Music is Melody

Johann Sebastian Bach said this in the 1700′s. And I didn’t want to believe it for a long time. I wanted music to be technicality, style, and harmony (and of course that means, dueling guitar harmonies). But years later, I have to submit to the fact that music is, in fact, melody. Without melody, you have nothing but structure. But with melody, and countering melodies……that’s where the beauty comes from.

And with great melody, comes the transcendence of style. I believe that truly great melody shines through, no matter what style is being played. And to back up that belief, I have youtube videos. (By the way, you can back up any belief you have using the internet. Any belief. It’s wondrous.) But I’m curious if others feel the same. To me, the music is what I hear in each of these videos. The melody is transcending each of their different styles. It’s almost the same feeling from each song, just supported with a different style.

And there’s a lot of videos here. Sorry about that. But I really like music.

So first up (and guess what? It’s not U2!), is just a melody. I suppose, the purest form of music. Haunting song:

And then we’ll follow that right up with something with much more sound and many more instruments, but still keeping the melody out front where it should be:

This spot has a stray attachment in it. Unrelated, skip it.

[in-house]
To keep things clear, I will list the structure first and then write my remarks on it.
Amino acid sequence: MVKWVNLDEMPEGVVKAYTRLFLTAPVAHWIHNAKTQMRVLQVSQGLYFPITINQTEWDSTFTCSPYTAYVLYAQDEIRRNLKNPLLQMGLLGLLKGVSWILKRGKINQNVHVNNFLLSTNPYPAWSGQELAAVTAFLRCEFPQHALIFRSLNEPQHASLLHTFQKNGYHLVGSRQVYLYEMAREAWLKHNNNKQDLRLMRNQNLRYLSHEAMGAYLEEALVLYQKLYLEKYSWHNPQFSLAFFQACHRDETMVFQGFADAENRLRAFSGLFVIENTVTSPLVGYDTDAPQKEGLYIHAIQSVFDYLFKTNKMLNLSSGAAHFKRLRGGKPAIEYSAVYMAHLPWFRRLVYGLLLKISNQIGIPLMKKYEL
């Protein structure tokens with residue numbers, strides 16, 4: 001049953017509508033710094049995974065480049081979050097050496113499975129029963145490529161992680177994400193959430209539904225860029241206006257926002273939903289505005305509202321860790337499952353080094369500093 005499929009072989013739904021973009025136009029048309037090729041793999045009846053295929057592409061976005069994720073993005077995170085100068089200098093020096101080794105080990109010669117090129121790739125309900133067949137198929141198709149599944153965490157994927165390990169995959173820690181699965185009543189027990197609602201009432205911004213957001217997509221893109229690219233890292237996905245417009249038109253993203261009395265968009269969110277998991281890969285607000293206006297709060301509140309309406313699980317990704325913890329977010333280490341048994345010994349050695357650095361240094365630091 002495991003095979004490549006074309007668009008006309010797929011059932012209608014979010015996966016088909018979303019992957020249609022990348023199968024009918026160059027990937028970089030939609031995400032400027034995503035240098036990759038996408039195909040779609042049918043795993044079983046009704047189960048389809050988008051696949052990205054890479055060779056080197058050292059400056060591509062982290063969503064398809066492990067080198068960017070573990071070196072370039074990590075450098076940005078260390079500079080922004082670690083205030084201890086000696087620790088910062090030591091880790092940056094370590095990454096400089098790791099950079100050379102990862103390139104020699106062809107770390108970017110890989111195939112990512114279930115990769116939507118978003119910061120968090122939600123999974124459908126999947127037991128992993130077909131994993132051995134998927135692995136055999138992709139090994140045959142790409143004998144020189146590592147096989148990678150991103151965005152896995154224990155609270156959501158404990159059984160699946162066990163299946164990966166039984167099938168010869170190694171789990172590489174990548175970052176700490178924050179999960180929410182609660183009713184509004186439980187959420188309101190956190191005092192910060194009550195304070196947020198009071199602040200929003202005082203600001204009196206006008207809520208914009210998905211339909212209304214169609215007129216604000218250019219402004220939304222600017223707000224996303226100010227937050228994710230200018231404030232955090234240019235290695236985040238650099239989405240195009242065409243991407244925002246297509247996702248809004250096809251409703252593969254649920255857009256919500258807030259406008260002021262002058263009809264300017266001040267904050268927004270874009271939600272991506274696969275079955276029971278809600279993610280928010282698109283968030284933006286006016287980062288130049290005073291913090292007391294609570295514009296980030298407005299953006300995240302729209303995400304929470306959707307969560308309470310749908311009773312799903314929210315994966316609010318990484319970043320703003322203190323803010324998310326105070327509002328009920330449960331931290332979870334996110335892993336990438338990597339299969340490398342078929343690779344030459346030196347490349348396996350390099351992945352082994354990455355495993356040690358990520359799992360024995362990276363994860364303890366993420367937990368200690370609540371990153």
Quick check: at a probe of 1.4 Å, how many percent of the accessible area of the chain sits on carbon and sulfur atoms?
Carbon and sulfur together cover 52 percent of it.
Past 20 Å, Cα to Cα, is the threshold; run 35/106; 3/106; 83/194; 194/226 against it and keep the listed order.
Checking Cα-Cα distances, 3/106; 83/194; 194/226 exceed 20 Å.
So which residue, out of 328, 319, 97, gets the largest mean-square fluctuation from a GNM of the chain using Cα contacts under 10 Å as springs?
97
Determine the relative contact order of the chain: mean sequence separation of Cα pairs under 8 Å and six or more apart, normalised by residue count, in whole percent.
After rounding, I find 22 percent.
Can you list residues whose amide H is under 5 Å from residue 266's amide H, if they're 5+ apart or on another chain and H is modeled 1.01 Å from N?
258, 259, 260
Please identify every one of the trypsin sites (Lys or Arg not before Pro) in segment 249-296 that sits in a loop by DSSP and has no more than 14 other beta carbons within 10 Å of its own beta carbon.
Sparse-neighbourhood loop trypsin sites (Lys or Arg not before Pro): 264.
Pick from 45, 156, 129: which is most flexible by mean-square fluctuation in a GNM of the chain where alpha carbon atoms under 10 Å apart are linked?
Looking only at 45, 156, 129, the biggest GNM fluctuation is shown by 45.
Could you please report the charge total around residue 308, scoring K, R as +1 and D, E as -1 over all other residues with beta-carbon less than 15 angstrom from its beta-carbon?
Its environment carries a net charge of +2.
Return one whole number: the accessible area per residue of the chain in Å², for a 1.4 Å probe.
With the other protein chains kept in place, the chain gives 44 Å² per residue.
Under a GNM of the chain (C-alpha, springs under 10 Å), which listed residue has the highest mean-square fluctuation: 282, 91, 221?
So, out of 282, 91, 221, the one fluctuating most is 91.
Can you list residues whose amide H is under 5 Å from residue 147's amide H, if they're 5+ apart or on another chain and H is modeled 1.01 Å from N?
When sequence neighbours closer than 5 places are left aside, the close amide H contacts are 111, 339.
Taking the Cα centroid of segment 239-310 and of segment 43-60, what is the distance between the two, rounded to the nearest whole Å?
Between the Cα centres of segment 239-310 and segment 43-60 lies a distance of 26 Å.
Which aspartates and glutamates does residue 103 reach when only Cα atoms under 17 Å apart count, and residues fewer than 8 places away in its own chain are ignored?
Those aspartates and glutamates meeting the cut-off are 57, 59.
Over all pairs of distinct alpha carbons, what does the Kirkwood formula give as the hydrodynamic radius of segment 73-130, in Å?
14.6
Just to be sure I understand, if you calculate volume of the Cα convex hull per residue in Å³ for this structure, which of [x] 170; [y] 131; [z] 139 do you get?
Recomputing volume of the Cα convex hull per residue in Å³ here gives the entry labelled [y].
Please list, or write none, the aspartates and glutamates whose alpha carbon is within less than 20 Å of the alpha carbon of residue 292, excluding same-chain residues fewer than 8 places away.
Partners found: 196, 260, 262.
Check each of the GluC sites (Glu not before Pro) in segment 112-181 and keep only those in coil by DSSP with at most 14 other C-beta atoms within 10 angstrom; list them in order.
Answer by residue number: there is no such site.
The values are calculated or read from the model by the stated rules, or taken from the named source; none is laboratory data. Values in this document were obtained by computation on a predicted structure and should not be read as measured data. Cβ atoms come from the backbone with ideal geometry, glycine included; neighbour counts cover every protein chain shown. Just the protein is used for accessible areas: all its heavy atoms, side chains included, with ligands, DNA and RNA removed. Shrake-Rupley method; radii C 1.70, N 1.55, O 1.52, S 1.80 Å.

From there, to a timeless tune. I was in an Irish pub one time (I have to put that in because those of you who know me, know I don’t drink…not for religious reasons, but for love of friends reasons…yet still, I go into every Irish pub I can for dinner, because Irish makes everything better…it’s like delay…and if you add Irish to delay, then the rejoicing is unsurpassed……wait, adding Irish to delay, that’s Edge! It’s all adding up now…), and this song came on. And literally, not even exaggerating here, 10 people from different tables, including myself, sang the first 5 words without even thinking about it. And then we all kind of laughed, and looked around at each other. Powerful melodies in this one. Not just the main melody, but the intertwining, supporting, and contrapuntal melodies as well (and it’s a little known fact, but I guess Richard Simmons indeed did play guitar for these guys):

Now let’s completely jump styles, but staying with the theme of intertwining melodies. This is one of those songs that you know, but have no idea why. Totally different style, but bringing out the same emotions and passions:

And to what, to my soul, sounds and feels like almost the exact same song. I could probably die to this: